Marine Seismic Surveys | Atlantic Canada Offshore

Marine Seismic Surveys

Marine seismic surveys use sound energy to map geological structures under the seabed. Seismic surveys are an essential part of offshore exploration as they provide information on the depth, position and shape of underground geological formations that may contain oil and gas.

Seismic Vessel - Cook - Magellan DSC_3266

Environmental Mitigations

Before a company can perform a marine seismic survey it must first undertake a thorough Environmental Assessment (EA), which reviews potential environmental impacts in the proposed survey area along with feedback from the public and marine stakeholders. The EA is reviewed by the Department of Fisheries and Oceans (DFO) and the Department of Environment and Climate Change, and must be approved by the Canada-Newfoundland and Labrador Offshore Petroleum Board (C-NLOPB) or the Canada-Nova Scotia Offshore Petroleum Board (CNSOPB) before a survey can proceed. Additionally, seismic survey operators must comply with guidelines established by the C-NLOPB and CNSOPB.

Seismic vessels and their operators are also guided by DFO’s Statement of Canadian Practice with Respect to the Mitigation of Seismic Sound in the Marine Environment, which includes the following measures to be considered in planning and implementing seismic surveys:

  • Minimizing the sound energy employed to achieve the purpose of the survey;
  • Gradual start-up of a sound source to allow marine mammals, sea turtles and other species to move away;
  • Immediate shut down of sound sources if marine mammals or sea turtles listed as endangered are observed within 500 metres of the sound source;
  • Use of qualified observers to monitor survey operations;
  • Avoidance of known, critical habitats specified under species-at-risk legislation;
  • Avoidance of known species migration routes, spawning areas and habitats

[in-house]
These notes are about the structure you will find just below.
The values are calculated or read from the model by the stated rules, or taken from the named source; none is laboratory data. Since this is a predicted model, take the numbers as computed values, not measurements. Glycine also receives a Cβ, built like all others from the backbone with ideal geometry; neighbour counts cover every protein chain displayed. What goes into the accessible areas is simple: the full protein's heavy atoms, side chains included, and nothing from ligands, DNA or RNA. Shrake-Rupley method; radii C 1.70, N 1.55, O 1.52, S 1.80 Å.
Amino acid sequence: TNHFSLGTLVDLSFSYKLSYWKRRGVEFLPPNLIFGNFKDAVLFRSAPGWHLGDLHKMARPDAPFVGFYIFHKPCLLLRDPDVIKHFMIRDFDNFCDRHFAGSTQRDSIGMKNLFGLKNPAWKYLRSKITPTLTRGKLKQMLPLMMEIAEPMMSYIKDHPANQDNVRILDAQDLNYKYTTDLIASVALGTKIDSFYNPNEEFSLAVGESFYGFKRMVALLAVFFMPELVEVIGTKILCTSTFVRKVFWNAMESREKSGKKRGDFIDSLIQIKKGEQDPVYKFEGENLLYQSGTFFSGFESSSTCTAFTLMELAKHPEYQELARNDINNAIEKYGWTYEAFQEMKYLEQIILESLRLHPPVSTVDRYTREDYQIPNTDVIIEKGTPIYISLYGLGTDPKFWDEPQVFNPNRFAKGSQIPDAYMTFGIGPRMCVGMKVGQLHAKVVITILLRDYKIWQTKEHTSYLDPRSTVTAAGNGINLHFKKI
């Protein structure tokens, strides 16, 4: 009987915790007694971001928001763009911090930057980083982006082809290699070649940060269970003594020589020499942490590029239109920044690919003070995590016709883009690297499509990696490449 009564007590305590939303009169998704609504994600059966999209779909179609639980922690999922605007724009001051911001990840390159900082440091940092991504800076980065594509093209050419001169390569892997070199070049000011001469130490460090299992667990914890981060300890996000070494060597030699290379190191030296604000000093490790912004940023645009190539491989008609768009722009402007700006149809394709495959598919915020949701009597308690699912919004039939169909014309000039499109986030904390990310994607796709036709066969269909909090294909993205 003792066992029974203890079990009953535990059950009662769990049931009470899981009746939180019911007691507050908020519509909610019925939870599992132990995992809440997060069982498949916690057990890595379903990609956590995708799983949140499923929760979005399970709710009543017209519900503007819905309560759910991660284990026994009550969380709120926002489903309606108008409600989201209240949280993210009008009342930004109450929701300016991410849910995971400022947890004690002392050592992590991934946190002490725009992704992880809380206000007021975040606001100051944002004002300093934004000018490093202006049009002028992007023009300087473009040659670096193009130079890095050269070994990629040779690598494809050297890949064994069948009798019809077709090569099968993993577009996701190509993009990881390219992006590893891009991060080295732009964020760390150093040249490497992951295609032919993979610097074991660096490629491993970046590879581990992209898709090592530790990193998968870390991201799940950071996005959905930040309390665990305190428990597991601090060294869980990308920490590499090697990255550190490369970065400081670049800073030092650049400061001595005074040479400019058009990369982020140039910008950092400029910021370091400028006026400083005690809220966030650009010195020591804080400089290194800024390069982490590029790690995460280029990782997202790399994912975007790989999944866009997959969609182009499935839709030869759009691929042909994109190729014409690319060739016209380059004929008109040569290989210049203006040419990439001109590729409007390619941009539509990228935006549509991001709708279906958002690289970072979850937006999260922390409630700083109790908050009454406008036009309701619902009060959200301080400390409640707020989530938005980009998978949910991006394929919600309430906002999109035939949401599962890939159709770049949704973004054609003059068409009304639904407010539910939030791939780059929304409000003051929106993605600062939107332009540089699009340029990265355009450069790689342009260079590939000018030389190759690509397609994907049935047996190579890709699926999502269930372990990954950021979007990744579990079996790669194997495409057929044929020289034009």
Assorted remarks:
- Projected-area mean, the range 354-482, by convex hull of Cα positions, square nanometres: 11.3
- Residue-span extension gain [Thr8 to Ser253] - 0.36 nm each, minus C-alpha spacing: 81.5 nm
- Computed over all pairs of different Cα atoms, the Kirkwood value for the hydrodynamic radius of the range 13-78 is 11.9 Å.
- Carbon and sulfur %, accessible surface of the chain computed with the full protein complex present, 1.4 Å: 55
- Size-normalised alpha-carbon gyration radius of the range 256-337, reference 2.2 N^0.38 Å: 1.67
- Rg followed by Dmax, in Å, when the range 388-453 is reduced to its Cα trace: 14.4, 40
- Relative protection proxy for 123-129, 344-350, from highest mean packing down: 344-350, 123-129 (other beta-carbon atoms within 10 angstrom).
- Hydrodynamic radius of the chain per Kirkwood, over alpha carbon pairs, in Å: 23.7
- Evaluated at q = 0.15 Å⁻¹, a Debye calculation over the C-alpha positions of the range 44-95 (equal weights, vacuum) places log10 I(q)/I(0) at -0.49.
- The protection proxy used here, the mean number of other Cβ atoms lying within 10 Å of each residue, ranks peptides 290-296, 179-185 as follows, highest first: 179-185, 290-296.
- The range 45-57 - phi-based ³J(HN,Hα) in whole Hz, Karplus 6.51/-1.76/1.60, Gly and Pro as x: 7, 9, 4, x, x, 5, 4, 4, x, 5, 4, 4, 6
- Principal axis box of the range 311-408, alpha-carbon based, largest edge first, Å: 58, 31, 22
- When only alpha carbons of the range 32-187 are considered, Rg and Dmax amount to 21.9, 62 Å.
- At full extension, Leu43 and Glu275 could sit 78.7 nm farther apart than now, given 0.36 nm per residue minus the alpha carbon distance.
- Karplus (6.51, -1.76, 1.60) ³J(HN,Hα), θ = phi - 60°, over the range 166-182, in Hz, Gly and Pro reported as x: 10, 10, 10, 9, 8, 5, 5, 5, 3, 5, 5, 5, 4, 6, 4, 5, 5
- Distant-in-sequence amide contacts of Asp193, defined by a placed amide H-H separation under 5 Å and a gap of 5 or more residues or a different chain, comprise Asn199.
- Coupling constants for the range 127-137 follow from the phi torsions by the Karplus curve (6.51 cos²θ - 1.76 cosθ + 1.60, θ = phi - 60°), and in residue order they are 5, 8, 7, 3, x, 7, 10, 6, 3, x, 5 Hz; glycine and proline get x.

Impacts on Marine Life

According to the International Association of Geophysical Contractors, after more than 50 years of seismic surveying worldwide and over a decade of intense scrutiny by scientists there is no scientific evidence to date that suggests that sound from seismic operations has negative population impacts on marine life.

Current research indicates that there is minimal risk of mortality in marine mammals, fish and invertebrates when the sound energy of seismic surveys is released into the water column, and additional research is ongoing.

Marine mammals, depending on the species and proximity to the seismic survey, can experience temporary changes to their hearing thresholds and in some extreme cases of unmitigated exposure, these effects can be permanent. Similarly, laboratory research has shown some physiological responses in invertebrates – crab, shrimp, scallop etc.

A June 2017 study published in Nature: Ecology and Evolution focused on the impact of seismic surveys on zooplankton. While the results are interesting, there were significant issues with the study’s design including small sample sizes and variability in baseline data which has led to questions related to the validity of the study. The study is currently being replicated in Australia to address the issues with the original study’s design in order to get more scientifically sound data related to the potential impacts of seismic on zooplankton.

CAPP members continue to fund research related to seismic surveys and potential impacts and mitigations to help further the body of knowledge available.